Westfalenstadion, Dortmund, July 4, 2006

This match never would have taken place had it not been for José Pekerman. With his Argentina side leading Germany 1-0 in their quarter-final, on 72 minutes he withdrew his playmaker, Juan Román Riquelme. Eight minutes later, Miroslav Klose equalised and Germany won on penalties. The neutrals' favourites were out and instead Germany were through to a semi-final against Italy. Stereotypes abound when it comes to international football; Germany tend to be seen as hard-nosed winners, Italy as negative and defensive, but in Dortmund, they ended up producing one of the all-time classics.

Just like in 1982, there had not been much goodwill extended towards Italy before the tournament following the match-fixing scandal that had rocked Serie A. But the furore seemed to galvanise the national side and Marcello Lippi's cool guidance united the squad. Defensively they were typically solid, conceding just two goals throughout the tournament, an own goal and a penalty. They did have Gianluigi Buffon in goal and player-of-the-tournament Fabio Cannavaro after all. More of a surprise was the way they attacked. Criticised so often for their caution, this time they did have that second glass of wine and the result was staggering.

Italy tore into Germany, who played their part -- riding a wave of fevered home support, after 10 relatively disappointing years, they were back. Captained by Michael Ballack, they were a riotous laugh, attacking with abandon, the front pairing of Lukas Podolski and Klose clicking beautifully.

Italy edged a frenetic first half and should have taken the lead when Jens Lehmann denied Simone Perrotta, although Bernd Schneider also wasted a fine chance as he fired over. There was no let-up in the second half. Klose bundled his way through, but Buffon saved. Immediately Italy countered, but again Lehmann foiled them. As the game wore on, increasingly the Germans were pushed back, but the breakthrough simply would not come for Italy.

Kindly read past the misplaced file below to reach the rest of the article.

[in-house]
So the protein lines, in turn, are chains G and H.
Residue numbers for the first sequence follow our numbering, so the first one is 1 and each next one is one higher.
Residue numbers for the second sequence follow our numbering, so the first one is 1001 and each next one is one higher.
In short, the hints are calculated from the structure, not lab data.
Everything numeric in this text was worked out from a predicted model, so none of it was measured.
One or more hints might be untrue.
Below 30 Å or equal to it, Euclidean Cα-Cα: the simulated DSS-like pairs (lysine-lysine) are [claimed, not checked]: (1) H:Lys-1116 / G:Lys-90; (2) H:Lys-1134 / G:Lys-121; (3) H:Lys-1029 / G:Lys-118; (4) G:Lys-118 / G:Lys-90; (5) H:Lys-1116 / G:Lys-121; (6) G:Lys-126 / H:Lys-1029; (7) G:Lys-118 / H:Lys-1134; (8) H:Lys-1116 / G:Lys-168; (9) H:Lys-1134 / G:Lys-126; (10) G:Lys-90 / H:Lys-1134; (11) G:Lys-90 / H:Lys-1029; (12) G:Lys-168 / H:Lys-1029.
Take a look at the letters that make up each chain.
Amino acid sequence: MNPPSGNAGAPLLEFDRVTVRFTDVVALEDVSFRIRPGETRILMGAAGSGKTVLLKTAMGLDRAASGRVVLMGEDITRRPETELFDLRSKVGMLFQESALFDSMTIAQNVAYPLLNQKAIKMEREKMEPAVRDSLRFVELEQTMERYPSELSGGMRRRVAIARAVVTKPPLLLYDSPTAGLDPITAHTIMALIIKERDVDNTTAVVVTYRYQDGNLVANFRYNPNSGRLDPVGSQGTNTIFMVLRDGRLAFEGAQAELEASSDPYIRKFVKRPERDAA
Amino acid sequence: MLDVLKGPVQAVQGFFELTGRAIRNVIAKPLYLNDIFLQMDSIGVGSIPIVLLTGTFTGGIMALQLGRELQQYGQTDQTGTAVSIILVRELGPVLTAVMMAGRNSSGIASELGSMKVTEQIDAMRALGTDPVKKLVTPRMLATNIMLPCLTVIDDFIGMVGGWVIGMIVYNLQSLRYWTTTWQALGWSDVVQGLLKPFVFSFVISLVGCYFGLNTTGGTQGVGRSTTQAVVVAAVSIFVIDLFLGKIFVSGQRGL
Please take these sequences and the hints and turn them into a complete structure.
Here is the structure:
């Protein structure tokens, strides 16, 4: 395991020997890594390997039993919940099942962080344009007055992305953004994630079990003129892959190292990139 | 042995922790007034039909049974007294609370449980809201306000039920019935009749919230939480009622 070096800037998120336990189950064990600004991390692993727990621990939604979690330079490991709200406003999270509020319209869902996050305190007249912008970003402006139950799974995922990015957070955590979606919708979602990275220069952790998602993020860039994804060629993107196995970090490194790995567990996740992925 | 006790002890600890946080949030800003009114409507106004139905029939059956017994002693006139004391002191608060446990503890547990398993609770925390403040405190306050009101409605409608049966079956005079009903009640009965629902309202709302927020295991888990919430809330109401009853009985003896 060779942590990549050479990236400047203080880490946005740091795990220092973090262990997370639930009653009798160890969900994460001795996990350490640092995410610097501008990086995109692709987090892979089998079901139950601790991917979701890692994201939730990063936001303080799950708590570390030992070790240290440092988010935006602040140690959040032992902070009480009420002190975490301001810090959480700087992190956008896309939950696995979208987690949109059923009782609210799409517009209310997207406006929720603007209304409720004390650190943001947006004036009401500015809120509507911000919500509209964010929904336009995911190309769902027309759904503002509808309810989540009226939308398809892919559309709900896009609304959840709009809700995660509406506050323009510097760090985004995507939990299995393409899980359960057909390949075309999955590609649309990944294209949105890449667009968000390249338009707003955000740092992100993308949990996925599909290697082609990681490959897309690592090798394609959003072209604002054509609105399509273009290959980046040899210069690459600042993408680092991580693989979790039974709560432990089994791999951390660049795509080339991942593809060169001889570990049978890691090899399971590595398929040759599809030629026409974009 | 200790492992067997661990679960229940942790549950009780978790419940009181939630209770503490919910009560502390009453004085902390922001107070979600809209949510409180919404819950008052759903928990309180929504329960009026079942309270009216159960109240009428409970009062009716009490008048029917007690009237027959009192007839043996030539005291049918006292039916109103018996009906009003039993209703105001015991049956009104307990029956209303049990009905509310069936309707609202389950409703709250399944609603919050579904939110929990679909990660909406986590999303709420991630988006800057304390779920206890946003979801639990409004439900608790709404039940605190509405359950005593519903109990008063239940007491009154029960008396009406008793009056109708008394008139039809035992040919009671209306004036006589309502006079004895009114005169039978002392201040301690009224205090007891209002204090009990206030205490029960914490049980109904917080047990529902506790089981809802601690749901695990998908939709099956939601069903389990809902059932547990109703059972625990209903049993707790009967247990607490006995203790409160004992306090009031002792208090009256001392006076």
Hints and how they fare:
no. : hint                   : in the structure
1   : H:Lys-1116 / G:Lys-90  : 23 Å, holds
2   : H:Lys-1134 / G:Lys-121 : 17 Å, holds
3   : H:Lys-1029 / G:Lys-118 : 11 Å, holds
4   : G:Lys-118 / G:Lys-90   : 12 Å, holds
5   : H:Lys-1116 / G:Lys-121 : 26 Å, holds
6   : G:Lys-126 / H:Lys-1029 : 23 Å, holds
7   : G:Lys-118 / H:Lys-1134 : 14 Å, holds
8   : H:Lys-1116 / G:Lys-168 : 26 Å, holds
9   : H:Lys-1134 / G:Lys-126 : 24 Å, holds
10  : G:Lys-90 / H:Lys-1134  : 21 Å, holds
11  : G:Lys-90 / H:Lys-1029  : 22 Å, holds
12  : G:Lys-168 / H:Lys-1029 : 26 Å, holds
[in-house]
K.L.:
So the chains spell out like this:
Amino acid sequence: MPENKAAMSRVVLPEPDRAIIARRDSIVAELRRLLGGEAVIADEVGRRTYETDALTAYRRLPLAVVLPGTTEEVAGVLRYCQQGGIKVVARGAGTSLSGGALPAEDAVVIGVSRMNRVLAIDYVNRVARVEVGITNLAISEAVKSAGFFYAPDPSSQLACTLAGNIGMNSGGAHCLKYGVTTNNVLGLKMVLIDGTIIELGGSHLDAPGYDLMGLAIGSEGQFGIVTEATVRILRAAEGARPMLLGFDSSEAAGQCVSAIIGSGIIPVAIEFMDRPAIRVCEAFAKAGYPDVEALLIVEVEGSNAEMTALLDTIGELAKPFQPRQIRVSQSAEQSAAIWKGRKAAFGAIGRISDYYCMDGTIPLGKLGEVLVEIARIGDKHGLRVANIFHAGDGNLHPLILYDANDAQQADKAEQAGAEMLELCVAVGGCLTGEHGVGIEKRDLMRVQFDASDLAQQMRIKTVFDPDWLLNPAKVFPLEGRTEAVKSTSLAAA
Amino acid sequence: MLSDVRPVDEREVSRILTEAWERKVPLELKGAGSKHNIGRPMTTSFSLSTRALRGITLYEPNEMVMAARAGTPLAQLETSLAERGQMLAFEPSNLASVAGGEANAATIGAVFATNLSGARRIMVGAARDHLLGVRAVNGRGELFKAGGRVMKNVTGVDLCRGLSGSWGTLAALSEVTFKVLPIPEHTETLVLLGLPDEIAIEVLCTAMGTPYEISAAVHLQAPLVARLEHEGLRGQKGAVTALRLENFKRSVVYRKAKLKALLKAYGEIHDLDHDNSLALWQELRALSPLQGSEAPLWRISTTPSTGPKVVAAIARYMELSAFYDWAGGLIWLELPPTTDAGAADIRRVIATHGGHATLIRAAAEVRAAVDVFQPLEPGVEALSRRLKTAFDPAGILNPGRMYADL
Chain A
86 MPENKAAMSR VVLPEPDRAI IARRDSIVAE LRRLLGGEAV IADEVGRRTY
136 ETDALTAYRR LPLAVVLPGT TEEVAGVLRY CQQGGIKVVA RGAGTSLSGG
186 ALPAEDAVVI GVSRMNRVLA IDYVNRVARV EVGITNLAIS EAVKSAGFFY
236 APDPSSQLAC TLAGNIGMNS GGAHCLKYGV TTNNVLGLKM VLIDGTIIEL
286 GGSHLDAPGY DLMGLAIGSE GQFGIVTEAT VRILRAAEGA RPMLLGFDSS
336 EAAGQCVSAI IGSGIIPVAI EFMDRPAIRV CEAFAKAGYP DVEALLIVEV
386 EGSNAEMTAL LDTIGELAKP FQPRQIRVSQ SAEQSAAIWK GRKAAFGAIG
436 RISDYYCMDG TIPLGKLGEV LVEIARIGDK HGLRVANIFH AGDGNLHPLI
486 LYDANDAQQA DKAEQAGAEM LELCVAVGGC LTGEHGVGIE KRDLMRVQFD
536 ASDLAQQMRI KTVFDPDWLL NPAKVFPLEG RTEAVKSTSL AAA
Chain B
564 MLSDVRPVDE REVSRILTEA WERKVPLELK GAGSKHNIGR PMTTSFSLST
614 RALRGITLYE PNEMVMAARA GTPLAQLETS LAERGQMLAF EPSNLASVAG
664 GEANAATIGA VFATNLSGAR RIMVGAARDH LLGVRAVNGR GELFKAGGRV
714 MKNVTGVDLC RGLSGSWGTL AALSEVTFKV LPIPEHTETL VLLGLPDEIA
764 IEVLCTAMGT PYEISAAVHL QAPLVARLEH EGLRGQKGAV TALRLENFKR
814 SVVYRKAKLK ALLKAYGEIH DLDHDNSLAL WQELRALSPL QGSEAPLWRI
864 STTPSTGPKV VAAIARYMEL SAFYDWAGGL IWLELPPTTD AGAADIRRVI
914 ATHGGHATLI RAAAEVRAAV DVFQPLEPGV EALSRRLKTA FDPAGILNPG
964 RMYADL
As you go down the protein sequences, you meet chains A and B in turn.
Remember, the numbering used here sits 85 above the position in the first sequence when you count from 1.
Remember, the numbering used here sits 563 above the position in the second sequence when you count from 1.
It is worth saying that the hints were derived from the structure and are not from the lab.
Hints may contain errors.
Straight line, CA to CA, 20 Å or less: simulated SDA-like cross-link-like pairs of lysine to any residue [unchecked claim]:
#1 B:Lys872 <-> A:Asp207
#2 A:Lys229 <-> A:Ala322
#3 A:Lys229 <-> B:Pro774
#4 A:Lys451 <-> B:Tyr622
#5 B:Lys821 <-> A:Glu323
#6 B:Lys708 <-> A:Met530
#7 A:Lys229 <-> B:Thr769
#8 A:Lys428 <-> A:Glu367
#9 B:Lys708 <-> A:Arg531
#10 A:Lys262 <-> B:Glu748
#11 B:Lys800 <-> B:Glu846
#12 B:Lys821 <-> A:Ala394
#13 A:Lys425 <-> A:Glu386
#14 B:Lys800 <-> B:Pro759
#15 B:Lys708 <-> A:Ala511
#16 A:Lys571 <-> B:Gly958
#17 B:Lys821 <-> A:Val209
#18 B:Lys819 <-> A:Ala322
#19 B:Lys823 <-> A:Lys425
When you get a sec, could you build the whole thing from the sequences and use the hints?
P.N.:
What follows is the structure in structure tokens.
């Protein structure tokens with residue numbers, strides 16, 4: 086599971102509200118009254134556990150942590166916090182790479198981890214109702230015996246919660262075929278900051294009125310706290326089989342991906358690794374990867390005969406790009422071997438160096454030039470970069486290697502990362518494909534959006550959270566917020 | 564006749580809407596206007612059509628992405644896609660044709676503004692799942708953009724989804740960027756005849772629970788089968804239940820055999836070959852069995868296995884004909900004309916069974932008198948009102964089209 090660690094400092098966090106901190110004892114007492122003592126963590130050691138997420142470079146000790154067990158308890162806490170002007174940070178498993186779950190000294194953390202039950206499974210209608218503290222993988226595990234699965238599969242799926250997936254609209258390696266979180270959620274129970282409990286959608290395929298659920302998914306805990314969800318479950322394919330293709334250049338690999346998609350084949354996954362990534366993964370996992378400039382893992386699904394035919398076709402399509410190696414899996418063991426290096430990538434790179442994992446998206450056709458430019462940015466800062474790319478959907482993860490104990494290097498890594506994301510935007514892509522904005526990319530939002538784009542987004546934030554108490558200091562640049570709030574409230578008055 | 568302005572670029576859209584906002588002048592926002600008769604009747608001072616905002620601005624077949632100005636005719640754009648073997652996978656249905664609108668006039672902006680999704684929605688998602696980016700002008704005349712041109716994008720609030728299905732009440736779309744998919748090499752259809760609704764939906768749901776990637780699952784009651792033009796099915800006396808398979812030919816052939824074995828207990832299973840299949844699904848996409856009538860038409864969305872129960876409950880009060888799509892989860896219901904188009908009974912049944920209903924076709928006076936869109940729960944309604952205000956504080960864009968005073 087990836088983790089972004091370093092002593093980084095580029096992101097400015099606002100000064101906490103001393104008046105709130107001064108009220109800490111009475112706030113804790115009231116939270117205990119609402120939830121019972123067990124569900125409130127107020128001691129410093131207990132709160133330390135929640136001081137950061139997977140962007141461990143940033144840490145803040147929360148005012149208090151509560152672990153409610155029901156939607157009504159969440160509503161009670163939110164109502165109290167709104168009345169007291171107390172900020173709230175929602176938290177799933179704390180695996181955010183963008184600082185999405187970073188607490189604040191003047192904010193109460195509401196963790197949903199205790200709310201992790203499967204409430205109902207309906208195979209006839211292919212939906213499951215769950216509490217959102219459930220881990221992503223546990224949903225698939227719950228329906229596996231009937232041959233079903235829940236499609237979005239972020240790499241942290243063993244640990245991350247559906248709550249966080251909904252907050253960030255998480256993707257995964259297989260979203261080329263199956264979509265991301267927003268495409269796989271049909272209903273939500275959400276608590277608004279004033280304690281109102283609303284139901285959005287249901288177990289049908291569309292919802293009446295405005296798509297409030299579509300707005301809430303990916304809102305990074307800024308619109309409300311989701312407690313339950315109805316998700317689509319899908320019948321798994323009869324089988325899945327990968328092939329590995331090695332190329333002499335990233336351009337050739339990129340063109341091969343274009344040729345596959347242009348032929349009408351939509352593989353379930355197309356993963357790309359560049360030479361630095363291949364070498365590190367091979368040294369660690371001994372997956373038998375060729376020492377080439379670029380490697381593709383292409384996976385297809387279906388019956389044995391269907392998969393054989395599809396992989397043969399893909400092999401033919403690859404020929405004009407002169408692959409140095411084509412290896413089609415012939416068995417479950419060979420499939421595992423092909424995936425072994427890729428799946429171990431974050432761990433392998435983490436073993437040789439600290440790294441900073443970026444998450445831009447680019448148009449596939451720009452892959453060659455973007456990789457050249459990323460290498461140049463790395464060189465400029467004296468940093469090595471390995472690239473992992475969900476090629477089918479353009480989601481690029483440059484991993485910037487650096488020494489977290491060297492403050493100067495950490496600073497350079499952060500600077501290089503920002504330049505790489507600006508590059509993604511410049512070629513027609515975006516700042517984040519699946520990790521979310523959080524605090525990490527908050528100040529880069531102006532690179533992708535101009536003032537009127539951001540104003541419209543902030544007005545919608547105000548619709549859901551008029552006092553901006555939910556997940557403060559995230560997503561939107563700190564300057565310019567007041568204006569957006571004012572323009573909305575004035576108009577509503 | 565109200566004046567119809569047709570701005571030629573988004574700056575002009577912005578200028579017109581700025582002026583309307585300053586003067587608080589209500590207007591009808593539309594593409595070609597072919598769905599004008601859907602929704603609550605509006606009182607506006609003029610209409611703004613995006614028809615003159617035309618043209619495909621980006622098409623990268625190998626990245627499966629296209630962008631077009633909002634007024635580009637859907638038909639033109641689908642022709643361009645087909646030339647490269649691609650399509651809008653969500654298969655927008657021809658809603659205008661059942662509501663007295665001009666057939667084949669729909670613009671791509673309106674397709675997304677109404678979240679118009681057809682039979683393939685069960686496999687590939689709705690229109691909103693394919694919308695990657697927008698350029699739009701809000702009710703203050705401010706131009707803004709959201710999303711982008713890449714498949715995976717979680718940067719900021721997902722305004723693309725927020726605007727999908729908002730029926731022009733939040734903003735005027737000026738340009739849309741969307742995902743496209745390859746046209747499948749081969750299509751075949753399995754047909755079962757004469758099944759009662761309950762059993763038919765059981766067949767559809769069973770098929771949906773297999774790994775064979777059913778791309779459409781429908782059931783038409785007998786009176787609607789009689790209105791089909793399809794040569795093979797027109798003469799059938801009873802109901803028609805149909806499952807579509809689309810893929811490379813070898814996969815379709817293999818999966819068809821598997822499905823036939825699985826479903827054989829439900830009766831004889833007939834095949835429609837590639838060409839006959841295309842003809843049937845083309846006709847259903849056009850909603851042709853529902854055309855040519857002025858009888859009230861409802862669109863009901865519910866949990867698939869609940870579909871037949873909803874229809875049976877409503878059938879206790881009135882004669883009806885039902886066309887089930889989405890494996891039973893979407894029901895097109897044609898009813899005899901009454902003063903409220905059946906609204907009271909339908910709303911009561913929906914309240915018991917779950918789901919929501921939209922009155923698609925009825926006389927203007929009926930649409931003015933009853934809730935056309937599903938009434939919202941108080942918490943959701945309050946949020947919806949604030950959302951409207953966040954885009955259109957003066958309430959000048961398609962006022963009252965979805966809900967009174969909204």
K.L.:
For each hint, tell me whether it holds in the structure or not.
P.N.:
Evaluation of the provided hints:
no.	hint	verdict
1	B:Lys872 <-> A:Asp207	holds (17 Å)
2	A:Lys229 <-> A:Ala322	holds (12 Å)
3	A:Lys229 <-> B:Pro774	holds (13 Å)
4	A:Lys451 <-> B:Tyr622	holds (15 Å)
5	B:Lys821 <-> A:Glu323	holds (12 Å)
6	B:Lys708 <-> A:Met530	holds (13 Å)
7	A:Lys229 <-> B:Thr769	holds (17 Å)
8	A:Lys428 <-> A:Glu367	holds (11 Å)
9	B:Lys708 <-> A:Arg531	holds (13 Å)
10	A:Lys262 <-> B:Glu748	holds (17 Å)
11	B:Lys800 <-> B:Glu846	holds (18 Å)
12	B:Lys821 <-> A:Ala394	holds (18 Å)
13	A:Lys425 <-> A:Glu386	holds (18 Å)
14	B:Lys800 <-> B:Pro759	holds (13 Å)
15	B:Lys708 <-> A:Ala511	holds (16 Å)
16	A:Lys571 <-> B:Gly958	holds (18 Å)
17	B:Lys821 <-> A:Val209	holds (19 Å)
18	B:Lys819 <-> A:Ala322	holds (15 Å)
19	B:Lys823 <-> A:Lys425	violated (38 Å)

And so it went to extra-time, in which both sides continued to pound at the door. Podolski missed the most glaring chance, putting a free header wide, and then brought the best out of Buffon with a left-foot hammer. But Italy were the better side and, in the first period, Alberto Gilardino and Gianluca Zambrotta both hit the woodwork. As chances came and went, it began to feel like the Germans would take the game on penalties: their forte, Italy's Achilles heel.

Gradually, though, Italian pressure began to tell. With time running out, the imperious Andrea Pirlo had a long-range shot palmed wide by Lehmann. The corner was headed out to the edge of the area and collected by Pirlo, but instead of shooting again, he dribbled across the 18-yard line, seemingly going nowhere. We should have known better. Suddenly he slipped a wondrous pass through a gap to Grosso on the right side of the area, from where the left-back, who had been doing impressions of Roberto Carlos all night, shaped an unsaveable curler past Lehmann and into the bottom-left corner. Grosso reacted with a mad-eyed, crazy-armed tribute to Marco Tardelli's celebration after scoring against West Germany in the 1982 final. In the final against France, Grosso would score the winning penalty in the shoot-out. An unknown with Palermo at the time, in many ways this was his tournament.

Grosso's goal knocked the stuffing out of Germany and as they poured forward, Italy broke and Gilardino played in Alessandro Del Piero, who calmly found the top corner with his right foot.

San Siro, Milan, April 28, 2010 (3-2 on aggregate)

Whether José Mourinho has been at Chelsea, Inter or Real Madrid, he has always clashed with Barcelona. They don't like him, he doesn't like them and no one's going to bother pretending otherwise. Those who side with Barcelona point to the way they have almost redefined the way football is played, before condemning the thoroughly negative style Mourinho propagates. Those who favour Mourinho lavish praise on the way he stifles Barcelona's kaleidoscopic passing, while simultaneously attacking the Catalans for so presumptuously assuming the moral high ground.